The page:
And this year, in this election, she touched her finger to a screen, and cast her vote, because after 106 years in America, through the best of times and the darkest of hours, she knows how America can change. Yes we can.Because, you know, it was a moment without cynicism, and we got that moment of truth again not after our cities were attacked, but because we have overcome our fears. Because we have managed to finally tell ourselves and the rest of the world that we were one.
You can’t take this away from me: Proposition 8 broke our hearts, but it did not end our fight.
Like many in our movement, I found myself in Southern California last weekend. There, I had the opportunity to speak with a man who said that Proposition 8 completely changed the way he saw his own neighborhood. Every “Yes on 8” sign was a slap. For this man, for me, for the 18,000 couples who married in California, to LGBT people and the people who love us, its passage was worse than a slap in the face. It was nothing short of heartbreaking.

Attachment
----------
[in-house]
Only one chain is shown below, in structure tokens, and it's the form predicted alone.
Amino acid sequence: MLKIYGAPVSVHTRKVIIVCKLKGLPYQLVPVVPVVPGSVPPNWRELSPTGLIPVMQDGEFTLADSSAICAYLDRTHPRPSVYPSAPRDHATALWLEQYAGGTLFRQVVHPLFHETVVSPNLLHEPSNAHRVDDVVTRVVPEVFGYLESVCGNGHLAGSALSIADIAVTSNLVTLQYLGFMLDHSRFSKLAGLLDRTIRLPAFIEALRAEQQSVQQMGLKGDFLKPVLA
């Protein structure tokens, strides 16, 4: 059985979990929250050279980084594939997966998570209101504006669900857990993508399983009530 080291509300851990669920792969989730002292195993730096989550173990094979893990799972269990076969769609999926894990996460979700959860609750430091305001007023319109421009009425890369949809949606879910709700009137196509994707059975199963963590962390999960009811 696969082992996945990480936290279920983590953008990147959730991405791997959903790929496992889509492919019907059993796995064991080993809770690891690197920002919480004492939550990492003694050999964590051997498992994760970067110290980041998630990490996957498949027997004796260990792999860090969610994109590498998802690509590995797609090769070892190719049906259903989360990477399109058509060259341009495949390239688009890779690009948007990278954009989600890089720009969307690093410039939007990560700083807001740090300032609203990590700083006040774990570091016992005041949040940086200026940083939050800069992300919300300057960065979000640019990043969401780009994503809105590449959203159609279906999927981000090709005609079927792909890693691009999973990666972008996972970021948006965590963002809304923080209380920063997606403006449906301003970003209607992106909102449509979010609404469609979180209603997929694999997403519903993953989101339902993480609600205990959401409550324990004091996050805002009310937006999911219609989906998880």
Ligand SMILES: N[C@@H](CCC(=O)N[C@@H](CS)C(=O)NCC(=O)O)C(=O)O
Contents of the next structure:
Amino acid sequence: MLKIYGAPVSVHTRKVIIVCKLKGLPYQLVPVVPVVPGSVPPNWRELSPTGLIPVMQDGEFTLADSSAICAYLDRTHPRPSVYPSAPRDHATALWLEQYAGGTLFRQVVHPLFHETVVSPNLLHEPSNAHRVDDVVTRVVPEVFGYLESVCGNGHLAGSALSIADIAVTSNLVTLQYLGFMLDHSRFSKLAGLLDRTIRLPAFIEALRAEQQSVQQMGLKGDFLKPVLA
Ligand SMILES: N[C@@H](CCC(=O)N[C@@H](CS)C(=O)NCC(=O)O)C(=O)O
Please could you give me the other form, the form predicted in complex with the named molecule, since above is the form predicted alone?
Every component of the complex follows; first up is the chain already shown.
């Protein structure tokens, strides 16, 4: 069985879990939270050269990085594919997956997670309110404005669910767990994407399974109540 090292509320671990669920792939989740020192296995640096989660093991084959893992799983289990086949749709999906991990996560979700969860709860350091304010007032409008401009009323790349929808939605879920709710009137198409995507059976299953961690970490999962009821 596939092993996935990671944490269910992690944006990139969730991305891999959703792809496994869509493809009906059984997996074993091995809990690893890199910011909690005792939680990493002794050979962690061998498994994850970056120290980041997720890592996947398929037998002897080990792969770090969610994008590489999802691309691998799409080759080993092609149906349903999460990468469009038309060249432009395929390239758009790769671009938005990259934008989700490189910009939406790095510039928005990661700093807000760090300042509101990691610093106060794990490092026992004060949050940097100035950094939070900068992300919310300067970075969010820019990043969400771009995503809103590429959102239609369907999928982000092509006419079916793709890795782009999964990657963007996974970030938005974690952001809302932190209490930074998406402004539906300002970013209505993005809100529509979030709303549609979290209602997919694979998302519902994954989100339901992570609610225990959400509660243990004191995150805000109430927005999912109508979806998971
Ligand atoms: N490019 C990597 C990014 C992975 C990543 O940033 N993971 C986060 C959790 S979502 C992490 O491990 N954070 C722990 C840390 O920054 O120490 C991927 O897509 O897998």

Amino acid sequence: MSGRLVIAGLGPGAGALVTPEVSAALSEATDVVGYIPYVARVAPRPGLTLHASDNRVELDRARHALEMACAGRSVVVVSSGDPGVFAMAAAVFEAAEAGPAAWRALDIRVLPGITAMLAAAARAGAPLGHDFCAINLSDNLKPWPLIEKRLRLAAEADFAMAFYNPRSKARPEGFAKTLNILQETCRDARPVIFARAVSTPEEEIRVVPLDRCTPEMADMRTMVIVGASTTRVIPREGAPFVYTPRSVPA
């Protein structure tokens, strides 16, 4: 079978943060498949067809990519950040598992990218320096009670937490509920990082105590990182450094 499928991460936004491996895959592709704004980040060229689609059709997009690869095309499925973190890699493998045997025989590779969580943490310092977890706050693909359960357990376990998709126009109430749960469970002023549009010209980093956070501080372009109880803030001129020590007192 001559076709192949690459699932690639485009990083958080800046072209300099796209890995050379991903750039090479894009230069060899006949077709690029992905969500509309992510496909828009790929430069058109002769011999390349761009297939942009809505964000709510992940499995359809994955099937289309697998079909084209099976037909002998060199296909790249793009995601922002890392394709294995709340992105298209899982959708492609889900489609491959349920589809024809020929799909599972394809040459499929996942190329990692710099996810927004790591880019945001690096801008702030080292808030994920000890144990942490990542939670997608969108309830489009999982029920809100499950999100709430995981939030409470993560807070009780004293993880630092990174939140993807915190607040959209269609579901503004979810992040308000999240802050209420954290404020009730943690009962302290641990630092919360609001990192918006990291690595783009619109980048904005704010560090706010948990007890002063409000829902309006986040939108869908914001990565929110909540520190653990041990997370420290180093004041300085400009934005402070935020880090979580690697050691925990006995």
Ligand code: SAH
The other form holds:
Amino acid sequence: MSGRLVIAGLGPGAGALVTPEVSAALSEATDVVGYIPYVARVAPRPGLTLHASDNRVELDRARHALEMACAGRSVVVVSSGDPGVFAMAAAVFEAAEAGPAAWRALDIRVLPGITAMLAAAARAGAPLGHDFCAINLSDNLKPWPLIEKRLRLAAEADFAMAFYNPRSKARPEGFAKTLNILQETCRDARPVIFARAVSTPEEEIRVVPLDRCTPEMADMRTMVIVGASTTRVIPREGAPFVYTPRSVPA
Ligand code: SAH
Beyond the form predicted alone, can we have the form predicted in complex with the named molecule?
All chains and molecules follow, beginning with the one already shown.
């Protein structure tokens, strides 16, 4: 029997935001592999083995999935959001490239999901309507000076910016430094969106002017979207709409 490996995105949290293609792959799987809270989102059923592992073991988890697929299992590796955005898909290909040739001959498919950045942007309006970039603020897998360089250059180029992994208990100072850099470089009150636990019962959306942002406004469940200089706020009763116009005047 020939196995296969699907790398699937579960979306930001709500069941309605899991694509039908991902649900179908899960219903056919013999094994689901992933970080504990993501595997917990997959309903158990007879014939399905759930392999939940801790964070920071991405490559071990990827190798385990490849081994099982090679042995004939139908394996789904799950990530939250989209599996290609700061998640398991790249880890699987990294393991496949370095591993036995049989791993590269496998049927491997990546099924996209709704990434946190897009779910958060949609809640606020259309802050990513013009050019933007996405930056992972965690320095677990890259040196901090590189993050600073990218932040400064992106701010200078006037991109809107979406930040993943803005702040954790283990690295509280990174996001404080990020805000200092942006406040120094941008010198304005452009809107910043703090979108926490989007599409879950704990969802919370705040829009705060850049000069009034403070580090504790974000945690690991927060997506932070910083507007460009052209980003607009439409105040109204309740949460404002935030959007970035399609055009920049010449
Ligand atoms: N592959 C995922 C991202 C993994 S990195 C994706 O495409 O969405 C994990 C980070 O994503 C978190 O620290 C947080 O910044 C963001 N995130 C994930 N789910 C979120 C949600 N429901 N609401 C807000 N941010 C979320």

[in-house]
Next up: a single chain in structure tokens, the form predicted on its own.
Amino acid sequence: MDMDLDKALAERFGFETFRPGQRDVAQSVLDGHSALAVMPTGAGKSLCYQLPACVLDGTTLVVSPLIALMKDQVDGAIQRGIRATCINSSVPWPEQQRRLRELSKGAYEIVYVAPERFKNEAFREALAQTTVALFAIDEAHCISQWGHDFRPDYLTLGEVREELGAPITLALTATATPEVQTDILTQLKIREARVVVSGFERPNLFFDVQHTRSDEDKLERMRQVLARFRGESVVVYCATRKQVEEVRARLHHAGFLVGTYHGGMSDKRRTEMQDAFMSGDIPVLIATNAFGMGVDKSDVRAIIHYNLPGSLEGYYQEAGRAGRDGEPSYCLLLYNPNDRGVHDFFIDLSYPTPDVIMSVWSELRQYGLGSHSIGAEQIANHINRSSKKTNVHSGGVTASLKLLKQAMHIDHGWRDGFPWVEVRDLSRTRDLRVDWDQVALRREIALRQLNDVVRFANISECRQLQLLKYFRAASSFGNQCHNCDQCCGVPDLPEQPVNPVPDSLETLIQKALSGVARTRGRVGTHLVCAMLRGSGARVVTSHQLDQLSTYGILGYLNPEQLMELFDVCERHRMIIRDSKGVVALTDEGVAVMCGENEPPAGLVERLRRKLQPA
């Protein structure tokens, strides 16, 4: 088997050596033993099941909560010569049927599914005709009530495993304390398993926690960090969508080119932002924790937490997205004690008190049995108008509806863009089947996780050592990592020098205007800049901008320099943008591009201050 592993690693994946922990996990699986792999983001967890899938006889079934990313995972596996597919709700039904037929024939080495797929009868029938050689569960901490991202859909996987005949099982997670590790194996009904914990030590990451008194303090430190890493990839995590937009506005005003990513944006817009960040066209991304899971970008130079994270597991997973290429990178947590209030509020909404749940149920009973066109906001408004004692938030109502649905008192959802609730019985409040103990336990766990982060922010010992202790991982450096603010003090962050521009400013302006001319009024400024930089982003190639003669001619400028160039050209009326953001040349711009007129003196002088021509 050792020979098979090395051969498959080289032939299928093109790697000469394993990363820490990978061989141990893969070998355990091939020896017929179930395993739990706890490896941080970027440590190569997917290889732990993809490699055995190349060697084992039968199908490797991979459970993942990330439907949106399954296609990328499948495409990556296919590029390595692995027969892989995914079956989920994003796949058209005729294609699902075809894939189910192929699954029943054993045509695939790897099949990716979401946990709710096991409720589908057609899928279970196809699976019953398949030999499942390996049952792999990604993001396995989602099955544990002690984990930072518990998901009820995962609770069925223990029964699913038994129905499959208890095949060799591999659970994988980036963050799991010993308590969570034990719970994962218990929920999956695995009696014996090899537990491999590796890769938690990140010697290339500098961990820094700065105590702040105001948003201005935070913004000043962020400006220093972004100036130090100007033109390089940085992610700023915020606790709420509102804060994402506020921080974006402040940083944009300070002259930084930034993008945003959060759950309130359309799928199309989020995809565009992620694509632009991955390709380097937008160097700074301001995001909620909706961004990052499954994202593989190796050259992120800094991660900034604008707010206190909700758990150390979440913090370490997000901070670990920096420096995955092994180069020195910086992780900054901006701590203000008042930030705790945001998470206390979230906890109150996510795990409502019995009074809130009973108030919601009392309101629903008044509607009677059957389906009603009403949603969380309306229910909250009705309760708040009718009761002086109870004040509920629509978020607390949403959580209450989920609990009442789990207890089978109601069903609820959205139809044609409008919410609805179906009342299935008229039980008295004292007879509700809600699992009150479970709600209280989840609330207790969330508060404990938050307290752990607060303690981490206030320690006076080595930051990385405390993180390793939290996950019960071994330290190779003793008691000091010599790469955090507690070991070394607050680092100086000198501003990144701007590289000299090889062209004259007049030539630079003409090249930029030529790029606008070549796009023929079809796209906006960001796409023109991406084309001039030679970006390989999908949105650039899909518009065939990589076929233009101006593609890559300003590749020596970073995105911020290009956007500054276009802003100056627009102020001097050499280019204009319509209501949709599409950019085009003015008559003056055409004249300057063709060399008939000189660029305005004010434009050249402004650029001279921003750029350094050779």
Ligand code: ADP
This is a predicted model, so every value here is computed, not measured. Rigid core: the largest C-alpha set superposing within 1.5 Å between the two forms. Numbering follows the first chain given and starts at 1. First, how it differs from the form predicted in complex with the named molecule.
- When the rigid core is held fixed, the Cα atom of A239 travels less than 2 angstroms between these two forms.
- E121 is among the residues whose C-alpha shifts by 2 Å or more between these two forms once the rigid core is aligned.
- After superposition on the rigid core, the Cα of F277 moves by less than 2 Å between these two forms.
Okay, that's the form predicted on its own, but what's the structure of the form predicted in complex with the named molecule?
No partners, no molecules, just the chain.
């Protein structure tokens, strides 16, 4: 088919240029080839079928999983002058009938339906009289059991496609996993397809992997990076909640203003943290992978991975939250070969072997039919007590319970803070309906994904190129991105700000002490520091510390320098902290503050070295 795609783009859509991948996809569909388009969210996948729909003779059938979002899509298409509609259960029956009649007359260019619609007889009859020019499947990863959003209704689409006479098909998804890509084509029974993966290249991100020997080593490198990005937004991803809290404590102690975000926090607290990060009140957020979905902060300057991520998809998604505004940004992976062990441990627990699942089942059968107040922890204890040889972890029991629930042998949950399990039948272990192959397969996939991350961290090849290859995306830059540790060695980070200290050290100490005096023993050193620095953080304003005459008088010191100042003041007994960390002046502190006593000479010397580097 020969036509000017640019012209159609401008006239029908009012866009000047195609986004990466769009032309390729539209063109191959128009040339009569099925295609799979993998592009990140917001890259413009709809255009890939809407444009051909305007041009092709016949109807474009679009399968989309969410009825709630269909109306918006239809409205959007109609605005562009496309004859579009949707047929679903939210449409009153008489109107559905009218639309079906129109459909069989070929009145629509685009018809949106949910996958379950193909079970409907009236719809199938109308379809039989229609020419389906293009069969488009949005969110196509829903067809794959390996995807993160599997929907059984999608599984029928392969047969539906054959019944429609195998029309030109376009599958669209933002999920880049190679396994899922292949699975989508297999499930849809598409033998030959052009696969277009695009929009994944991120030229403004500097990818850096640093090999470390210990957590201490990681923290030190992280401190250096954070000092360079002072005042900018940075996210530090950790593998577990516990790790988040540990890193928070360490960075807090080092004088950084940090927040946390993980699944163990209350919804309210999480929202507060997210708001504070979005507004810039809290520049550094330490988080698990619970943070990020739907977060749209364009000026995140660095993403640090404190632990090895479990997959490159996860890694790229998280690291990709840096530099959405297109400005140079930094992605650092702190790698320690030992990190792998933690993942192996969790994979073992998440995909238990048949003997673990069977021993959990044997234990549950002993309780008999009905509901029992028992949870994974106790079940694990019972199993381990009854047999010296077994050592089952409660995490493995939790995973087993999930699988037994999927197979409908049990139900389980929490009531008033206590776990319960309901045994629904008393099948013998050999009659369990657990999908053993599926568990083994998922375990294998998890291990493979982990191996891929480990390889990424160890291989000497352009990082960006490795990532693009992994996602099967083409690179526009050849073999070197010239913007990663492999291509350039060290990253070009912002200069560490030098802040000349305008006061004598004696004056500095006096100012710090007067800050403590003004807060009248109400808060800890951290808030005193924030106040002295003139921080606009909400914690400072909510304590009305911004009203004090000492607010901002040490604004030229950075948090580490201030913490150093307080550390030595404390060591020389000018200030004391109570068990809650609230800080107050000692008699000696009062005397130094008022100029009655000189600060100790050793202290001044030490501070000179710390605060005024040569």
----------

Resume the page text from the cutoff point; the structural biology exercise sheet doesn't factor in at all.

But it is not the end. Fifty-two percent of the voters of California voted to deny us our equality on Tuesday, but they did not vote our families or the power of our love out of existence; they did not vote us away.
I am proud to live in this country. I am proud of the people who voted for intellect, leadership, and progress rather than fear-mongering and intolerance.
But these base emotions people rose up and ignored while voting for President were the ones that guided those who voted to take away basic human rights from others. Because they could. Yes, they could.